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Posts Tagged ‘Helon Habila’

travellersFleeing violence and political crises in parts of the Middle East as well as poverty and economic challenges in Africa, millions of people have been risking the perilous journey of crossing the Mediterranean sea into Europe.

Many die trying.

In October 2013 for example, over 350 migrants died in a shipwreck off the island of Lampedusa. It was perhaps the worst tragedy of its kind and helped inflame a long-standing discussion among overwhelmed European Union countries on how to handle the surge of migrants.

As the political, diplomatic, economic and even security ramifications of the crisis continues to be a topical issue in the media and in European state capitals, the people at the center of it, their lives, drives, motivations and indeed their humanity is often relegated and rarely on the front burner.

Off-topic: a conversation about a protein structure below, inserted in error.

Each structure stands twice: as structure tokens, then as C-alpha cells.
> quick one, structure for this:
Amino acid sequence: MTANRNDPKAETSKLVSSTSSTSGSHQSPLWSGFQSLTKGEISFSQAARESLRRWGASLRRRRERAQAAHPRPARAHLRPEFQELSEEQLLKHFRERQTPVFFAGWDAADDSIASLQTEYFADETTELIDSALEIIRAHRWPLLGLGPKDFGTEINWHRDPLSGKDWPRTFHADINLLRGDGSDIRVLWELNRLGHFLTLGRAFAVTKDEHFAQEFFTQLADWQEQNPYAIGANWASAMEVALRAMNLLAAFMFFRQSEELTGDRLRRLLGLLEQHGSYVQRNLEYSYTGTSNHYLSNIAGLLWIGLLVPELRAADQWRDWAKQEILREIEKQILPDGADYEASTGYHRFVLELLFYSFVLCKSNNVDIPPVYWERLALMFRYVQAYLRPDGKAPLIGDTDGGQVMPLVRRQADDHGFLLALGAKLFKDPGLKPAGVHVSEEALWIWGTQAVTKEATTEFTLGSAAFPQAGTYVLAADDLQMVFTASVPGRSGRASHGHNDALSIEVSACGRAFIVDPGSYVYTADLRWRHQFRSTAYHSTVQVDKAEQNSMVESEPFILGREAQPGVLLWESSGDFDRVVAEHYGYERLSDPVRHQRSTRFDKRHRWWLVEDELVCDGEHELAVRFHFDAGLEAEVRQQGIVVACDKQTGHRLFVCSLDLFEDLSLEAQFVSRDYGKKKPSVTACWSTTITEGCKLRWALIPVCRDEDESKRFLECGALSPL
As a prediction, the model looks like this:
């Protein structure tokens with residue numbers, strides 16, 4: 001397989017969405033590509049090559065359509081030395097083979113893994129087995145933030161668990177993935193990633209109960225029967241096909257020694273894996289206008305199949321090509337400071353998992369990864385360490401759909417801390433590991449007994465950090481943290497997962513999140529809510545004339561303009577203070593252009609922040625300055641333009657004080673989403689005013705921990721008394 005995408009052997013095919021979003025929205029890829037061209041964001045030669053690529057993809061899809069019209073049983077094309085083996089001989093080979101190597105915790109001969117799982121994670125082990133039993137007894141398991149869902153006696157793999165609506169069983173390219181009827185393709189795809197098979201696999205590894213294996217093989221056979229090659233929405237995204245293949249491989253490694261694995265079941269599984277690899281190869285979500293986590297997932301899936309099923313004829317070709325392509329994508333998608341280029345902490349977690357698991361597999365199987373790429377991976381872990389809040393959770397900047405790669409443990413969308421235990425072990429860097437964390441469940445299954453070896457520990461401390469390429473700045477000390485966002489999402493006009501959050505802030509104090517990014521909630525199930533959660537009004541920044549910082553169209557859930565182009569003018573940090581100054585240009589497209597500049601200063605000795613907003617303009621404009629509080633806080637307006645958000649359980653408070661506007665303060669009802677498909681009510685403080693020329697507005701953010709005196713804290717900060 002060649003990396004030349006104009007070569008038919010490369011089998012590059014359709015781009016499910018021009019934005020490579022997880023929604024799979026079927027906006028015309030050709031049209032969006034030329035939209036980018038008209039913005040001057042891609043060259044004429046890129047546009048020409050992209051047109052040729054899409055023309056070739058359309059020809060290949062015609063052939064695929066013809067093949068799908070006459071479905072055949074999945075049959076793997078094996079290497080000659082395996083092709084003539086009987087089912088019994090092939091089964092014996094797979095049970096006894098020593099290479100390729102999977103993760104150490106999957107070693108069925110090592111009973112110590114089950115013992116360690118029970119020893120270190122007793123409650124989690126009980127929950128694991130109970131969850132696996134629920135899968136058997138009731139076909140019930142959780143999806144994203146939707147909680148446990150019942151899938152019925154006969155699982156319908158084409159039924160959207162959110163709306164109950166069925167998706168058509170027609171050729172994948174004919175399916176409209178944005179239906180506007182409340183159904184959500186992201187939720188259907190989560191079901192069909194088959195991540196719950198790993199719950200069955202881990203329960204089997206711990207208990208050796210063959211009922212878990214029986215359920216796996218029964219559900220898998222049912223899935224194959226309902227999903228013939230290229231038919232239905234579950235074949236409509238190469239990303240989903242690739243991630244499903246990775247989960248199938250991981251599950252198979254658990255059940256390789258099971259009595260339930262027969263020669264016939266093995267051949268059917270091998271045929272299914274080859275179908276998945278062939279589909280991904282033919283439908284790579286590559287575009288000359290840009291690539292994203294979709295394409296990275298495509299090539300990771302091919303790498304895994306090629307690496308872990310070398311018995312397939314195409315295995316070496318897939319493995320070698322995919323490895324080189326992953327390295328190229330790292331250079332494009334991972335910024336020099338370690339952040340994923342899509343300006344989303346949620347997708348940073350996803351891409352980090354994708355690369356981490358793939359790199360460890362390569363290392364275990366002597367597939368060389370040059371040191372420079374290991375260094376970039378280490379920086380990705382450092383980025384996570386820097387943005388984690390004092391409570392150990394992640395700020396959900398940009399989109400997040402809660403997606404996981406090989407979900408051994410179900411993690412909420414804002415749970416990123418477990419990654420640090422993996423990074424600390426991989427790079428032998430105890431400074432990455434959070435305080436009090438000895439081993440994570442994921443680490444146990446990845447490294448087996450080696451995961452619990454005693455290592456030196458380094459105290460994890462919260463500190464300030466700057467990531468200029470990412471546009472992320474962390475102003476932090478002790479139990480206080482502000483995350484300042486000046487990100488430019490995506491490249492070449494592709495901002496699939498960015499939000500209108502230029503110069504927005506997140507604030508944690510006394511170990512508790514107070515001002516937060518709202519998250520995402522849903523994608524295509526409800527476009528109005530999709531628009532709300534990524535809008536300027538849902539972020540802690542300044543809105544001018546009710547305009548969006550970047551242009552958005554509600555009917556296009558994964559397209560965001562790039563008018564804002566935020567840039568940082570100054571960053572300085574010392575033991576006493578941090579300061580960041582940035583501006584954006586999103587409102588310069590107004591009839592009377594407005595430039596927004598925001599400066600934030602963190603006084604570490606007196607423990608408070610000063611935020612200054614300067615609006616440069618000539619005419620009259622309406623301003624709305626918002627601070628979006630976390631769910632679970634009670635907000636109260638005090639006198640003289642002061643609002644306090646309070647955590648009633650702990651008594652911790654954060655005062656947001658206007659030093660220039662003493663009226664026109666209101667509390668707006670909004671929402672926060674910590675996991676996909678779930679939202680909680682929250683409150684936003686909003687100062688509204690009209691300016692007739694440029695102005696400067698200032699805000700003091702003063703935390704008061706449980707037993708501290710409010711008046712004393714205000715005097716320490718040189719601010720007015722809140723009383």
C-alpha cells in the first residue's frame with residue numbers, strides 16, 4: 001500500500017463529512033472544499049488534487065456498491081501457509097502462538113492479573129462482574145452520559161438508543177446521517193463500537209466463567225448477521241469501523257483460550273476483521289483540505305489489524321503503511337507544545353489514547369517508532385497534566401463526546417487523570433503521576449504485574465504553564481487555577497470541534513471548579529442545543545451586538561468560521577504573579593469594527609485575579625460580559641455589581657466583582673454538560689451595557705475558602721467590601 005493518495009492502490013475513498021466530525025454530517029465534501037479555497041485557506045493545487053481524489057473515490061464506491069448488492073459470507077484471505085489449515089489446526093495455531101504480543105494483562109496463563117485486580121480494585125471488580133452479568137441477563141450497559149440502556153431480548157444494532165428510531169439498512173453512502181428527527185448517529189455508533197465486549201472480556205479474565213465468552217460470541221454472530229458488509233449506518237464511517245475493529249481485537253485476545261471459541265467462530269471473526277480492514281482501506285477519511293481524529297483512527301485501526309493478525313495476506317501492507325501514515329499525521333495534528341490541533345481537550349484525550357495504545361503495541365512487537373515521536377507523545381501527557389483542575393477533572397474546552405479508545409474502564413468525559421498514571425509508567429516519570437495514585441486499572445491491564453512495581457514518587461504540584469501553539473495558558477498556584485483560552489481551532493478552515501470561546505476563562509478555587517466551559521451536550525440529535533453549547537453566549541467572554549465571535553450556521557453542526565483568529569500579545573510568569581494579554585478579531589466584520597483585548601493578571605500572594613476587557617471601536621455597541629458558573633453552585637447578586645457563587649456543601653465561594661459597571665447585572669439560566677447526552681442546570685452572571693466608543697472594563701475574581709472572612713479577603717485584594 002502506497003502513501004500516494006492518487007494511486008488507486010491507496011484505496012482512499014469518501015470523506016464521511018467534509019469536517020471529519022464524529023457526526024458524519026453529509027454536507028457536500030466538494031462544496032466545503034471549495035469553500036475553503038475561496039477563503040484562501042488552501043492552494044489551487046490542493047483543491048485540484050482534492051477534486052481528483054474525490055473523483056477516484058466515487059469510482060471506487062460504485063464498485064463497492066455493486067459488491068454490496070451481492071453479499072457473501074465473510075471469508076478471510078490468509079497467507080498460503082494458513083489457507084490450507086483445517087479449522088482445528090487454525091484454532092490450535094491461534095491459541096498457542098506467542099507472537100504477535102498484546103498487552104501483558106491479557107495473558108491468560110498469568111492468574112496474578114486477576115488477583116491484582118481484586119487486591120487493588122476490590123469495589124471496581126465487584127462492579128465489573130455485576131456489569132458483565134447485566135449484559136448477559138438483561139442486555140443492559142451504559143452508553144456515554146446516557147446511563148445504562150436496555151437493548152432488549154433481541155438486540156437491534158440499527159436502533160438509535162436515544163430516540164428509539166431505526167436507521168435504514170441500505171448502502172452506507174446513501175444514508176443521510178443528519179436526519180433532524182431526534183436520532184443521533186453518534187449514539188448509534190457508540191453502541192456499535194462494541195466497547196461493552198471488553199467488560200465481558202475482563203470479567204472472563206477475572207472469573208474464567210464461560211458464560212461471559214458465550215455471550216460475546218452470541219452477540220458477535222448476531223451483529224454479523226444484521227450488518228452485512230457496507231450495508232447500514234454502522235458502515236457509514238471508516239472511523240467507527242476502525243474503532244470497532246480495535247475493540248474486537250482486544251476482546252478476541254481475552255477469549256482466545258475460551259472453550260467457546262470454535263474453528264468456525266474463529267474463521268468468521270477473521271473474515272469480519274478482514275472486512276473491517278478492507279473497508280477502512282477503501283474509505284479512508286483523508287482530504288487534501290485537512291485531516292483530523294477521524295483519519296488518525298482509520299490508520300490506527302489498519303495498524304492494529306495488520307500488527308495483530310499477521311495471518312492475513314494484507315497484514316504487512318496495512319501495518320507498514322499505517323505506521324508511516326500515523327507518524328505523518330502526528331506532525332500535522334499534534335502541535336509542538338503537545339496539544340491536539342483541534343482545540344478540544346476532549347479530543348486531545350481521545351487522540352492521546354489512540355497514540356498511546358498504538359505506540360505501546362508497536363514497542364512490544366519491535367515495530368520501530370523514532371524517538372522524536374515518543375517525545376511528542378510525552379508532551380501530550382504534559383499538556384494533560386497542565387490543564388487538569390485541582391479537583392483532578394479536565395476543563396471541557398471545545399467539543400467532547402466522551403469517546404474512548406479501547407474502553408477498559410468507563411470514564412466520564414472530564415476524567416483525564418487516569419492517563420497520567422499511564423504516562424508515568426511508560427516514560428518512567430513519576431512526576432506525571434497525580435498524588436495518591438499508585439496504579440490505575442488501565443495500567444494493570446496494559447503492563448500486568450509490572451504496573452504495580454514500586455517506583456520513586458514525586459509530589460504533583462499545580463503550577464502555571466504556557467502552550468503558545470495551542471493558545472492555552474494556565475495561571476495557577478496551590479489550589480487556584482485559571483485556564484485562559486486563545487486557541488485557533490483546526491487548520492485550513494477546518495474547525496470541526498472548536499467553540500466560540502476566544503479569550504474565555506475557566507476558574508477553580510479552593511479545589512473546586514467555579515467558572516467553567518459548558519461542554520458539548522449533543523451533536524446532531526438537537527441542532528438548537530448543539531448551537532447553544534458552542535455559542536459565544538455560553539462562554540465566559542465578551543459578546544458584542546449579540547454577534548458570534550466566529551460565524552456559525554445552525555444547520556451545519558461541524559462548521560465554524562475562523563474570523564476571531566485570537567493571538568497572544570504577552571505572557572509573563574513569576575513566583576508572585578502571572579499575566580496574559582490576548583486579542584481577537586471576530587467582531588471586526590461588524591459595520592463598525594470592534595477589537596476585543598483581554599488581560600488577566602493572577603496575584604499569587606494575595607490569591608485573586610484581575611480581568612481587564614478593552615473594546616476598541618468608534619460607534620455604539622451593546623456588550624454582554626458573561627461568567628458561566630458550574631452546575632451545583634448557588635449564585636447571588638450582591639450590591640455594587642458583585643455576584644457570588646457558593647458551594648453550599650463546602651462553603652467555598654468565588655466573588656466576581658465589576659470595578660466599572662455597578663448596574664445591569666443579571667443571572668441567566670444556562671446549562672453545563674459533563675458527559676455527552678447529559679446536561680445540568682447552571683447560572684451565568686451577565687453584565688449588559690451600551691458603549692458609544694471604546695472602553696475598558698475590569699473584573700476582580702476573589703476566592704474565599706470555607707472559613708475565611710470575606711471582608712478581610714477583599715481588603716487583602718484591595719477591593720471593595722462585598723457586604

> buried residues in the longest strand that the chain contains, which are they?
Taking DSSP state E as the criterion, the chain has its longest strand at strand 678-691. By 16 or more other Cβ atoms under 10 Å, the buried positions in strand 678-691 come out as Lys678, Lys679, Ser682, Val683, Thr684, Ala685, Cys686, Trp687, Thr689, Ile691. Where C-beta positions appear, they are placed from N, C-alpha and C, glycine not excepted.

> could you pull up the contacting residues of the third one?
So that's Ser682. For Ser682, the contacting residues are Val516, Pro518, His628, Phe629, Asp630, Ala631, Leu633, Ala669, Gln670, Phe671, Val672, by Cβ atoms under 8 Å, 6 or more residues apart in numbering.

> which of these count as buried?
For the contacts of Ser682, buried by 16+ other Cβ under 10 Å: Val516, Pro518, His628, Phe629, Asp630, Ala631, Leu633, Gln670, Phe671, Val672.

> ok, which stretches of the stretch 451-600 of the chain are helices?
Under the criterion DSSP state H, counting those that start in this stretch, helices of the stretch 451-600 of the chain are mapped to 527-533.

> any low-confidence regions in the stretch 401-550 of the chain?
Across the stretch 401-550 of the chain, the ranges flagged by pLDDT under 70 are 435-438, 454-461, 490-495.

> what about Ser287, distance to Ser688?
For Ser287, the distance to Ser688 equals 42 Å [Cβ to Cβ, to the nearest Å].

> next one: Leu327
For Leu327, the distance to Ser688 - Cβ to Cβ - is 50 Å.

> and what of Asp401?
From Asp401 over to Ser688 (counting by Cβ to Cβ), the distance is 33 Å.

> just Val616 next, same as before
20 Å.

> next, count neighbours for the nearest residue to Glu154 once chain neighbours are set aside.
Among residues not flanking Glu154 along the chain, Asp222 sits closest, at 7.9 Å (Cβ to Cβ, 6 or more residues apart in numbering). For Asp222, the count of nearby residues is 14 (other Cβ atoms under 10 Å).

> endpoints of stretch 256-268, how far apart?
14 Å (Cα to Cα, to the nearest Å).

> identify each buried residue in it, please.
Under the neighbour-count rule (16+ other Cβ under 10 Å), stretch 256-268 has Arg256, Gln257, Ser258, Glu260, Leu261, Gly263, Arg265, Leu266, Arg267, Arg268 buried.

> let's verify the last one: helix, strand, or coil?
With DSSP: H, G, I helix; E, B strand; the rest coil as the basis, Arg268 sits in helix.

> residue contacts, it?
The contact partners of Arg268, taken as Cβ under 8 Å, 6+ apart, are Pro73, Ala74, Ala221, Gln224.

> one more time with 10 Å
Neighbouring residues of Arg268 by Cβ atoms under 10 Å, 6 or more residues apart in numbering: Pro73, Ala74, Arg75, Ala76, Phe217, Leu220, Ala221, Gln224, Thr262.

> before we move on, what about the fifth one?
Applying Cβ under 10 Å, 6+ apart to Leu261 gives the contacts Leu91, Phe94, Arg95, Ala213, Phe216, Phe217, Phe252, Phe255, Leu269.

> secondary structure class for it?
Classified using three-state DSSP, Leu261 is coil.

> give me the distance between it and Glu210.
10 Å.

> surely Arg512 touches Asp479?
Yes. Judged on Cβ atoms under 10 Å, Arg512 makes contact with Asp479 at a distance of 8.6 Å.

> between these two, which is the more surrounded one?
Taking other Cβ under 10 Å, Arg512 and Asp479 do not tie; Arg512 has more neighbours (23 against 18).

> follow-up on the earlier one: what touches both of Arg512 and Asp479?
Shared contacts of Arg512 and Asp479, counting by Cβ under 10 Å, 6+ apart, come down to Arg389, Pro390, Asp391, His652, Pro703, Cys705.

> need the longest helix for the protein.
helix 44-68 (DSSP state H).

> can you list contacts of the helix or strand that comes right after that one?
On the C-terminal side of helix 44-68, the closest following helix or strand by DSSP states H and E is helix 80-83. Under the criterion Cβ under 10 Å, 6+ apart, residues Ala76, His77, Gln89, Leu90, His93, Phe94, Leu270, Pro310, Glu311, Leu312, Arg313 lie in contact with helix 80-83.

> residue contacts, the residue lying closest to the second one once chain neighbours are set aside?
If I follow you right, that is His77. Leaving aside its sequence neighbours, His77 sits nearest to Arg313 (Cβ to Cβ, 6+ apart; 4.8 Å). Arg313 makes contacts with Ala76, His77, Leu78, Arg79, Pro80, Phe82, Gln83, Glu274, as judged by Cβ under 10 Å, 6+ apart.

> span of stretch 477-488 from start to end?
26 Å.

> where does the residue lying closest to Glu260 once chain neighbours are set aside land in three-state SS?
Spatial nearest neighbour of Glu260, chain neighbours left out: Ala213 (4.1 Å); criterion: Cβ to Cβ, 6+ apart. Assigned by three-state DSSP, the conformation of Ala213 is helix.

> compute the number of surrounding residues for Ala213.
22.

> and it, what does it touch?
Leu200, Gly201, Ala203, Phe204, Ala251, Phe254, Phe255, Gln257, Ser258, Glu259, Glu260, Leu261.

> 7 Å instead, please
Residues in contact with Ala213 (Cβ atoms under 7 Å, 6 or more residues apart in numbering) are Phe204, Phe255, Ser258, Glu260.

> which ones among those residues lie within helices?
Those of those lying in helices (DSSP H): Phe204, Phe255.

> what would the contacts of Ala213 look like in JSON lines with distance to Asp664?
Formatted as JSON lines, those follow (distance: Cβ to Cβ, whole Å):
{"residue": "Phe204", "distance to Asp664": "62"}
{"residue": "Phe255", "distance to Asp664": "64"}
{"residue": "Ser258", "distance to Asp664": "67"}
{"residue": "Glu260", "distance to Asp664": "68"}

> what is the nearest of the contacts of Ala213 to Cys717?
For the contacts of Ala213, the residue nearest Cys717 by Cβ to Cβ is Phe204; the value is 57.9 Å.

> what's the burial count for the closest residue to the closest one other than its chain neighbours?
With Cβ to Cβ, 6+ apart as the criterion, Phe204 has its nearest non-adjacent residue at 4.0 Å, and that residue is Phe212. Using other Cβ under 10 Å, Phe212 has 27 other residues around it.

This is what makes Travellers, the latest work from the brilliant Nigerian writer, Helon Habila a very important book as it takes the reader on that journey to Europe and helps us live the migrant experience – drownings at sea and families getting  separated, as they seek asylum, survive dangerous paths, endure anti-immigration protesters, and still manage to keep that very precious human attribute, hope, alive in spite of it all. Habila achieves this more than any journalism reports I have read on these issues could ever manage and perhaps in the process, he gives a peep into what the novel can do today, in advancing contemporary human experiences and expanding social commentary.

His fourth book and the first set outside of his native Nigeria, Habila tells the story of six European migrants and he….

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